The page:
A friend of mine sent me this memo from Howard Marks, a noted investor and chairman of Oaktree Capital, a global asset management firm. Apparently he is well-known for his client memos in which he writes about investment and economic stuff.
This particular memo is a bit different as it discusses something that is often under-appreciated by the well-to-do: the role of luck in shaping our lives and our careers. I would say that as a general tendency, the more successful you are, the more likely you are to attribute an outsize proportion of that success to your own efforts.
I don’t think that is wrong per se. As usual, the truth is somewhere in the middle — neither are we completely self-sufficient and self-determining, nor are we drifting vessels pushed about by the vagaries of indecipherable winds.
However, I do commend Mr Marks for broaching this topic. Far too often the highly successful put self-achivement on a pedestal while overlooking or downplaying external factors. Even more problematic are those that make self-achievement the foundation of their worldview. For them, it logically follows that those who are less (or not) successful must be doing something wrong, or not doing enough things right. This has political implications.
Anyway, enough blathering from me. Check out the article for yourself, it’s very well-written with lots of good examples.
Now that we’re on the same page, I have a few random thoughts on the memo:
1. Hard work is still important, obviously. When people come from similarly ‘privileged’ backgrounds and with similar abilities (e.g., top students applying to a prestigious institution, or top candidates applying to a prestigious firm), the deciding factor will be how well-prepared they are.
2. I like how Mr Marks gives examples of moments in time when major shifts were occurring and some people were able to take advantage of it. One way to capitalise on ‘luck’ is having the ability to recognise the opportunities around you. That’s a skill that can be developed, one that betters the odds!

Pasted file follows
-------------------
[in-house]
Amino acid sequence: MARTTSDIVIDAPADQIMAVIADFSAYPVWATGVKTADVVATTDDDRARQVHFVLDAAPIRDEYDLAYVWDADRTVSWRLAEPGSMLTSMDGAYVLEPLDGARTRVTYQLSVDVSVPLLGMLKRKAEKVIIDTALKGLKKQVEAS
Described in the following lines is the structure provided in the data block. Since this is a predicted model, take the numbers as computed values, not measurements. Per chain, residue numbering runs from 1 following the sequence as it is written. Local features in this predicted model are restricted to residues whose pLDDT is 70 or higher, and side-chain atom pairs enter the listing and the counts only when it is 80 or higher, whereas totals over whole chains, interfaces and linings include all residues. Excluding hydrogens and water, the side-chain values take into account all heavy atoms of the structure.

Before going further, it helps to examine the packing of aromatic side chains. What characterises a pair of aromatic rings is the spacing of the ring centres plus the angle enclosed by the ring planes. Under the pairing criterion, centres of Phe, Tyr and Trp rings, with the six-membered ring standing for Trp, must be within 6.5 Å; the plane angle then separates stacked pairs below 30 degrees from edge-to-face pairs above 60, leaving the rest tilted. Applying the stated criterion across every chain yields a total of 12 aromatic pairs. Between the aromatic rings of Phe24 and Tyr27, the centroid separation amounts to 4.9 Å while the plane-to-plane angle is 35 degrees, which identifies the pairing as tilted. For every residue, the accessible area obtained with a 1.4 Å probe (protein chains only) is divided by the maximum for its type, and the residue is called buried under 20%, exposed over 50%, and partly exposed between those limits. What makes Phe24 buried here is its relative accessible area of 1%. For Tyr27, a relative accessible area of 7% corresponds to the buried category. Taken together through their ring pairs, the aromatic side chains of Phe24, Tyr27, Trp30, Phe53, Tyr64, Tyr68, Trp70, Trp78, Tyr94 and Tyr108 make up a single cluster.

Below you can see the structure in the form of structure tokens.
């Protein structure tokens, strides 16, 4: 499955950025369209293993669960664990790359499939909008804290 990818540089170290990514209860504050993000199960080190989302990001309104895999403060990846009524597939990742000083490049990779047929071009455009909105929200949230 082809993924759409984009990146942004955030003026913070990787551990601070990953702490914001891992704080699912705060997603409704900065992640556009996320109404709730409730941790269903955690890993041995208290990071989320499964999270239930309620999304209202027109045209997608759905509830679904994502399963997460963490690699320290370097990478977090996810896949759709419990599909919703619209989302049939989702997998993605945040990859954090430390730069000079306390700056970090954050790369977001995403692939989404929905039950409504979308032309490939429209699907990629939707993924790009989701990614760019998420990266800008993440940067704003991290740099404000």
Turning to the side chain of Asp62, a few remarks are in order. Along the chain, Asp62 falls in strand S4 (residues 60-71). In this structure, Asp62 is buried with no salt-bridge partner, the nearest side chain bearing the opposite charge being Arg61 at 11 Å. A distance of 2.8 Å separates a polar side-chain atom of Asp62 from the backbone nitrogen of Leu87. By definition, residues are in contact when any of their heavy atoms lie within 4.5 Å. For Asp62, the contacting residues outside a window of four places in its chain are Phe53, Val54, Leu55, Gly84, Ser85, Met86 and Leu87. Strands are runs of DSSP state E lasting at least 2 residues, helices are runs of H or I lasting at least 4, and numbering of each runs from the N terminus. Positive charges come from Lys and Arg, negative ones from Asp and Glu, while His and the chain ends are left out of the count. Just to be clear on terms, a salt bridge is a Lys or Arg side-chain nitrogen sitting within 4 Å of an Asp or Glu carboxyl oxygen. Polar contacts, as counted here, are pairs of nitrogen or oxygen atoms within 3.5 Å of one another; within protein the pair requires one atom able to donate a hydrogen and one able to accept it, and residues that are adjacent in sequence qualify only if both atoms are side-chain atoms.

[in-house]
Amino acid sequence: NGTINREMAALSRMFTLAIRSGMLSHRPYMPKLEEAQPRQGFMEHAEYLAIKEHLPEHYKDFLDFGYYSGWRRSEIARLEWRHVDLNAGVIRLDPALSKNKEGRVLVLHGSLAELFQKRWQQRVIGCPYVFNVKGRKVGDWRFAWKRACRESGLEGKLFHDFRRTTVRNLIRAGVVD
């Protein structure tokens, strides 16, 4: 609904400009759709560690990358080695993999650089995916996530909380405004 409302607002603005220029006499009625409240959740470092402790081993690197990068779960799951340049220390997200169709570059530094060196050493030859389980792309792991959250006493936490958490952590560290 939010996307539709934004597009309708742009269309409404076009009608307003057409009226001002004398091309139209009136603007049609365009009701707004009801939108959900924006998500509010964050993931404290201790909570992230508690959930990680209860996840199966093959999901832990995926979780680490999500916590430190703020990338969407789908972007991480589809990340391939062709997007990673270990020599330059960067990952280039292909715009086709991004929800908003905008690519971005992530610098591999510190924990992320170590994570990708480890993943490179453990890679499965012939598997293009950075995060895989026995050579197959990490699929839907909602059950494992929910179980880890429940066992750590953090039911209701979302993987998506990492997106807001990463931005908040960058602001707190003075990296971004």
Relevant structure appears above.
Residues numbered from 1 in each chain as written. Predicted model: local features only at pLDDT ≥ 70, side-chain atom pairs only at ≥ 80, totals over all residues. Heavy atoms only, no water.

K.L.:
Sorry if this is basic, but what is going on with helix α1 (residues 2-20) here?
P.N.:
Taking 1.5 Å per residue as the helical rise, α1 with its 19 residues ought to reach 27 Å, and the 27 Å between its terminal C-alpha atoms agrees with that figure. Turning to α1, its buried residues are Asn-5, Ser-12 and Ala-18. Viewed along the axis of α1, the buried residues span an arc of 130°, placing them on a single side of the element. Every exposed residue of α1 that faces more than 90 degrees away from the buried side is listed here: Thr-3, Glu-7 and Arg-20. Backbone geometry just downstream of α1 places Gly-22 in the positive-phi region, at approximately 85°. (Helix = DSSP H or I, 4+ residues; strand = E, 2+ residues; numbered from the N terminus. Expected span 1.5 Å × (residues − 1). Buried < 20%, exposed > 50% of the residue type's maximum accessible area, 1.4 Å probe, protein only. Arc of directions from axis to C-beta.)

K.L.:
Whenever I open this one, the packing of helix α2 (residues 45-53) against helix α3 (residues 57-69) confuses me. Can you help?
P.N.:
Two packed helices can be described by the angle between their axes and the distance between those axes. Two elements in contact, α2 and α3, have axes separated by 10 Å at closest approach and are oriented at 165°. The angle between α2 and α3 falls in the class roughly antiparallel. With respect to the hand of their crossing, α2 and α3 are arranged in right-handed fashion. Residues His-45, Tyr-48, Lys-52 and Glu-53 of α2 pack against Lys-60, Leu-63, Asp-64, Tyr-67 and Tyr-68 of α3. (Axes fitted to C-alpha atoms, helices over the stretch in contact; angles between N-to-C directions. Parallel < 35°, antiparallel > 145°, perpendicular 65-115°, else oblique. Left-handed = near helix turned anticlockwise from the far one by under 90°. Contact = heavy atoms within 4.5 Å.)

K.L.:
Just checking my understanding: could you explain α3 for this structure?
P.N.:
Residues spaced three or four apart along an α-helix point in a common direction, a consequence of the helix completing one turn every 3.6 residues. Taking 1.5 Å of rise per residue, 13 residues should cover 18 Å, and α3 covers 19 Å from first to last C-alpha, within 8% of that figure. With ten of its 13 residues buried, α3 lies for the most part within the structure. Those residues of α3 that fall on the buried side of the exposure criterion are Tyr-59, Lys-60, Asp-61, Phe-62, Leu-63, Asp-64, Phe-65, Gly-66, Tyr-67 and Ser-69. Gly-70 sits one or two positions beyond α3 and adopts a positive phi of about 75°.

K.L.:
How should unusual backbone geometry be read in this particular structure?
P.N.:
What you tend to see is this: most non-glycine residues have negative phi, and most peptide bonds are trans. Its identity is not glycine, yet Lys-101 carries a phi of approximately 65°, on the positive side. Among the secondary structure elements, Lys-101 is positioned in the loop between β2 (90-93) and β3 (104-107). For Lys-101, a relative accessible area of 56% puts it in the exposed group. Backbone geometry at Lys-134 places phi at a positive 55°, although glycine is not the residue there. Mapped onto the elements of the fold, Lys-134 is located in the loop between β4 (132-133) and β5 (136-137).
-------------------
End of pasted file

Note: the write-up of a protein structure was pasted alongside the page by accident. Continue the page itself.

3. A major one from personal experience is having the courage to go for it, once you see an opportunity. “You make your own luck” is kinda true, since the people who seem to lead charmed lives tend to be way more proactive in how they live. In many ways perception is reality. It’s tough because sometimes circumstances (good and bad) outside your control will affect your level of confidence. It’s difficult but doable and certainly very beneficial to ‘train’ yourself to be more courageous.
4. Another major thing is to be humble. Recognise that many events and many people have contributed to shaping who you are and what you have achieved. Admitting that is not a sign of weakness. Rather, for me it is a good reminder that we achieve great things when we are together, and it gives me great motivation to be a positive influence on others.
5. Following on from this, it is good to have compassion for other people. Especially those who, through no fault of their own (or their ‘fault’ is due to various complex factors) do not have it as good as you. And even those who annoy us, who infuriate us, who are unseemly or repulsive to us.
I’m taking a page out of David Foster Wallace here. That dead-eyed checkout chick who can’t even be bothered to look into your eye, and who takes forever to bag your groceries. Maybe she just found out that her father has cancer. Maybe she is catatonic because she is dying inside. That unkempt, black-footed bum splayed across the payment, forcing you to step around him. Maybe he has been beaten and mistreated his whole life, and the only worthwhile thing he has ever done was to run away. Maybe he never had a chance.
Be humble. Don’t be insufferably smug. Be compassionate. Don’t make everything about you. Simple, right?